In some types of smoke detectors, you can find artificial radionuclides such as americium-241, a source of alpha particles. This radioactive source emits alpha particles into two ionization chambers, one open to the air and a reference chamber that does not allow particles to enter. The open air chamber allows smoke particles to enter the sensitive volume and changes the attenuation of alpha particles. If any smoke particles enter the open air chamber, some ions will bind to the particles and will not be available to carry current in that chamber.
An electronic circuit detects that a current difference has developed between the open and sealed chambers and sounds the alarm. All the energy of the primary electrons produced in the sensitive volume of the chamber must dissipate in the chamber. To operate as an ionization chamber, an applied voltage is used that is large enough to collect all ion pairs (positive ion and removed electron) produced in the gas by a radioactive source, but not large enough to cause any amplification of the gas. There are two basic configurations; the integral unit with the camera and electronics in the same housing, and the two-piece instrument having a separate ion chamber probe attached to the electronics module by a flexible cable.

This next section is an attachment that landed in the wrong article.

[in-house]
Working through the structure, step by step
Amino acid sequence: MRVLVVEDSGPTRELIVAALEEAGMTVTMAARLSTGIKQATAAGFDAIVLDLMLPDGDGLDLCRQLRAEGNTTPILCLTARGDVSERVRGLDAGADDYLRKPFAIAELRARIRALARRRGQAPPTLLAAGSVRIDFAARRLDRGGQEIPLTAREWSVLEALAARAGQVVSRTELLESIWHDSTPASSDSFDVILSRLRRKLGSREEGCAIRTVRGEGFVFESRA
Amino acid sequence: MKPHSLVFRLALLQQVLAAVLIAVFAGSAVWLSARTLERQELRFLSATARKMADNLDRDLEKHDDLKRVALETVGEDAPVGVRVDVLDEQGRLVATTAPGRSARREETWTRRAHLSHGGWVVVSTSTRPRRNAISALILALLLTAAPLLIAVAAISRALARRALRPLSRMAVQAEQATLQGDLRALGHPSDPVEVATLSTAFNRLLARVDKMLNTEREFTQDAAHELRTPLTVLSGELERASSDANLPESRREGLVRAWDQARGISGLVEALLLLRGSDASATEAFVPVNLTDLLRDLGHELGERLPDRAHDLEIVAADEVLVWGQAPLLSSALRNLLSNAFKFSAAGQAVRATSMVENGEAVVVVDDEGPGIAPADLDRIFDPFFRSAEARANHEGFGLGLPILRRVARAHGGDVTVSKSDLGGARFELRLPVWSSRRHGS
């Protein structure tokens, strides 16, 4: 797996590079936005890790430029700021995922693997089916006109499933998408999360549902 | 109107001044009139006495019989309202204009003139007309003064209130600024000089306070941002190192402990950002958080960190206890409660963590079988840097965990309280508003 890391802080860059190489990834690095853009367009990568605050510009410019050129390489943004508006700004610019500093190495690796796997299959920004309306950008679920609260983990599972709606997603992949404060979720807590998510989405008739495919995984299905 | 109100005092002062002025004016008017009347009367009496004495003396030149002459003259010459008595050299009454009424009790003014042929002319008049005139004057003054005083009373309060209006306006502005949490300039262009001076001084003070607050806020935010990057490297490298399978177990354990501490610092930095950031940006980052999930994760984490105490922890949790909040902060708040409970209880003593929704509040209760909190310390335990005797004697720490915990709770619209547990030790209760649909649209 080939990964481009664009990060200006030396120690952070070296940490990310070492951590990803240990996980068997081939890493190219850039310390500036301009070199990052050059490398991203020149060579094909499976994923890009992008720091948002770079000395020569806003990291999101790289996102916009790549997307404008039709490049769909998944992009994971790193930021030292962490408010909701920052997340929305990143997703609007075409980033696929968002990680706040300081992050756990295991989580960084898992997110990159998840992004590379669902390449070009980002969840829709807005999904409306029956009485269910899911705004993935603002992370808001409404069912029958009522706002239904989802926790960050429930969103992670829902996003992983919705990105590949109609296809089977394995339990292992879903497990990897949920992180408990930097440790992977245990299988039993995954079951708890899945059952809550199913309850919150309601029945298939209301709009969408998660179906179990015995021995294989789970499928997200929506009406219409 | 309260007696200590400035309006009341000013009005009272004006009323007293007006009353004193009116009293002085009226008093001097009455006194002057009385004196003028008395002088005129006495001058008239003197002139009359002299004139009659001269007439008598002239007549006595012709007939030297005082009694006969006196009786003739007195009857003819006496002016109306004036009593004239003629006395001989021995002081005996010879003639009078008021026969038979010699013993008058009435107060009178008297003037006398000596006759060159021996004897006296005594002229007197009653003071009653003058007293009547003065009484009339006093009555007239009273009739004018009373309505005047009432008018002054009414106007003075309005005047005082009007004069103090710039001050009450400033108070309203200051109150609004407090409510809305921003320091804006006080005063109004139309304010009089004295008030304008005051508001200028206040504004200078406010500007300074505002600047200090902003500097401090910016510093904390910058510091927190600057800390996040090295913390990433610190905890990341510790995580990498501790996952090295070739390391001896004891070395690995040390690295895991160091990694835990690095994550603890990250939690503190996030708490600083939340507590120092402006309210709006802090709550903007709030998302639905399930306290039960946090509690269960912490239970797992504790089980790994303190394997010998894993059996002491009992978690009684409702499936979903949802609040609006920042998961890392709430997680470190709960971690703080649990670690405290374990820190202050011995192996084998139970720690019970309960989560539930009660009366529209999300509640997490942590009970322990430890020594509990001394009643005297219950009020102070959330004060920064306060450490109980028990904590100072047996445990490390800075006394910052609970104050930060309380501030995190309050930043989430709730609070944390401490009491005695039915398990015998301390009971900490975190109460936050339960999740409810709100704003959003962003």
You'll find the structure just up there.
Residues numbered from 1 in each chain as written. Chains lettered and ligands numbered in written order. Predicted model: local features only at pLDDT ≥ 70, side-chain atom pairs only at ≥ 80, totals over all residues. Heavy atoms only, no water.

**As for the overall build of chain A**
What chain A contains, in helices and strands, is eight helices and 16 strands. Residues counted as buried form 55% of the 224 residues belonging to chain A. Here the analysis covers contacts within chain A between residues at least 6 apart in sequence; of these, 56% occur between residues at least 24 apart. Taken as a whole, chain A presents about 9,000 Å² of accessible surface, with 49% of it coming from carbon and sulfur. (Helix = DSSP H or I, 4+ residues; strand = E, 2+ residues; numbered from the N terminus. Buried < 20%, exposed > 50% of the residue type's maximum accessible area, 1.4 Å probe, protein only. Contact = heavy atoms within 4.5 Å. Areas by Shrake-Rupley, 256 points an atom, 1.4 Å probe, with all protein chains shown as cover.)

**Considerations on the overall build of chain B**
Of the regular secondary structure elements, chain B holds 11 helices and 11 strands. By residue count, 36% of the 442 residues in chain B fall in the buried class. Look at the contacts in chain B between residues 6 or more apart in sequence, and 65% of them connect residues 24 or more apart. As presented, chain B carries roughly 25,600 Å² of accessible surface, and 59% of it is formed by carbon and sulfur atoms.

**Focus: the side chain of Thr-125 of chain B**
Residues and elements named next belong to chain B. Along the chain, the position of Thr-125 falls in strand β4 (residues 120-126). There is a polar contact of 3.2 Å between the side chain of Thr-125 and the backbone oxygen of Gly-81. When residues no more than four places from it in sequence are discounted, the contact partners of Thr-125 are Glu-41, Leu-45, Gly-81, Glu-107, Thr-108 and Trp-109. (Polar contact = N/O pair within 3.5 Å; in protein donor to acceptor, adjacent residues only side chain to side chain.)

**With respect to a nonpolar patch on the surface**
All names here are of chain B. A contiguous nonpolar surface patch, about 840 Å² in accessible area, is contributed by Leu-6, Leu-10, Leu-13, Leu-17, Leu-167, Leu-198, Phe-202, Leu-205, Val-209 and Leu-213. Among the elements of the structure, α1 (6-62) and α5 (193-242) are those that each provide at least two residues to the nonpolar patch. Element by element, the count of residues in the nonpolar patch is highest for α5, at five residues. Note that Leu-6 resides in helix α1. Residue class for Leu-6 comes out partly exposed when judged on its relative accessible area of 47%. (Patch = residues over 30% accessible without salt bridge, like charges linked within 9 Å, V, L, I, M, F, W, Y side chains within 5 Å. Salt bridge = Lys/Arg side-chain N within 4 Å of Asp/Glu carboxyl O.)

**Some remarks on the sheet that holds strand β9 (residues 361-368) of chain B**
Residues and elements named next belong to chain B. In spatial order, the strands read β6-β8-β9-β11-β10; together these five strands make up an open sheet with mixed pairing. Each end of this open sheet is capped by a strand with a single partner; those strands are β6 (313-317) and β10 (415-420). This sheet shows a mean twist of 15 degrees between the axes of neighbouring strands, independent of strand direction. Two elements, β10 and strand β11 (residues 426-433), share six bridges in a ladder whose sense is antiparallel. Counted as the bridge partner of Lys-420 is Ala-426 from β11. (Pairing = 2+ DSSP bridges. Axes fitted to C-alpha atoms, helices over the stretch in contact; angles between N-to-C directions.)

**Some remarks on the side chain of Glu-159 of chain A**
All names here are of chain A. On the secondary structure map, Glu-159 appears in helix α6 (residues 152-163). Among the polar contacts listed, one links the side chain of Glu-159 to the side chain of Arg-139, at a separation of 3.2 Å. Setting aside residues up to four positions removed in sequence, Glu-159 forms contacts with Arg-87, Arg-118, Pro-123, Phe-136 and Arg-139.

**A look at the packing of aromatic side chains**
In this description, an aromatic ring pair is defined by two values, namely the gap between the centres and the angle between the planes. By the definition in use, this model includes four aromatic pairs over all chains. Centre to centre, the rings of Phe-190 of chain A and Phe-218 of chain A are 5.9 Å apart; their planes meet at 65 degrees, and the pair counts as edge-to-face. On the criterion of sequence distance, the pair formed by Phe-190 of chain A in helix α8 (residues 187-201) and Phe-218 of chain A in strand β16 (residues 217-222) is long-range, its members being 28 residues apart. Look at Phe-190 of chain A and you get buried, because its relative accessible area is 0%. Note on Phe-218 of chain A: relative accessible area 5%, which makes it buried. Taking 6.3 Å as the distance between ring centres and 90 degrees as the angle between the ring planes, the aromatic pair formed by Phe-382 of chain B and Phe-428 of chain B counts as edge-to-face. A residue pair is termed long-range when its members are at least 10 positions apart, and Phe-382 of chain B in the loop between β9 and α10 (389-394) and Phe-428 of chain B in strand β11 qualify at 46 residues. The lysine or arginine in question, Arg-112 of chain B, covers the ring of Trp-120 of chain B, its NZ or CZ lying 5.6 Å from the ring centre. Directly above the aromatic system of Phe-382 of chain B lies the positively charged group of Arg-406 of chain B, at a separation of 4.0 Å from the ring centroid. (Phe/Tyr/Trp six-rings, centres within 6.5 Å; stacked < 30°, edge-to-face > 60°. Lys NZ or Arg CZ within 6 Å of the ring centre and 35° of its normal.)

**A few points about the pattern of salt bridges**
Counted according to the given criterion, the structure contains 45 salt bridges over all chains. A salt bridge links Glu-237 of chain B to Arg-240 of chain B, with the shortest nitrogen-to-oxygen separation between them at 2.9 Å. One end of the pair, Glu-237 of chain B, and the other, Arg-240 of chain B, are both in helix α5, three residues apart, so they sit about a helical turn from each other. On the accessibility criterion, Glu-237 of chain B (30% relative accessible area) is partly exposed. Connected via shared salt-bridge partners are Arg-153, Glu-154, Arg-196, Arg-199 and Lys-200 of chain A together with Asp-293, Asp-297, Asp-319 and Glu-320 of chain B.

The alpha particle causes ionization inside the chamber, and the ejected electrons cause additional secondary ionizations. When atoms or gas molecules between the electrodes are ionized by incident ionizing radiation, ion pairs are created and the resulting positive ions are created and dissociated electrons move to electrodes of opposite polarity under influence of electric field.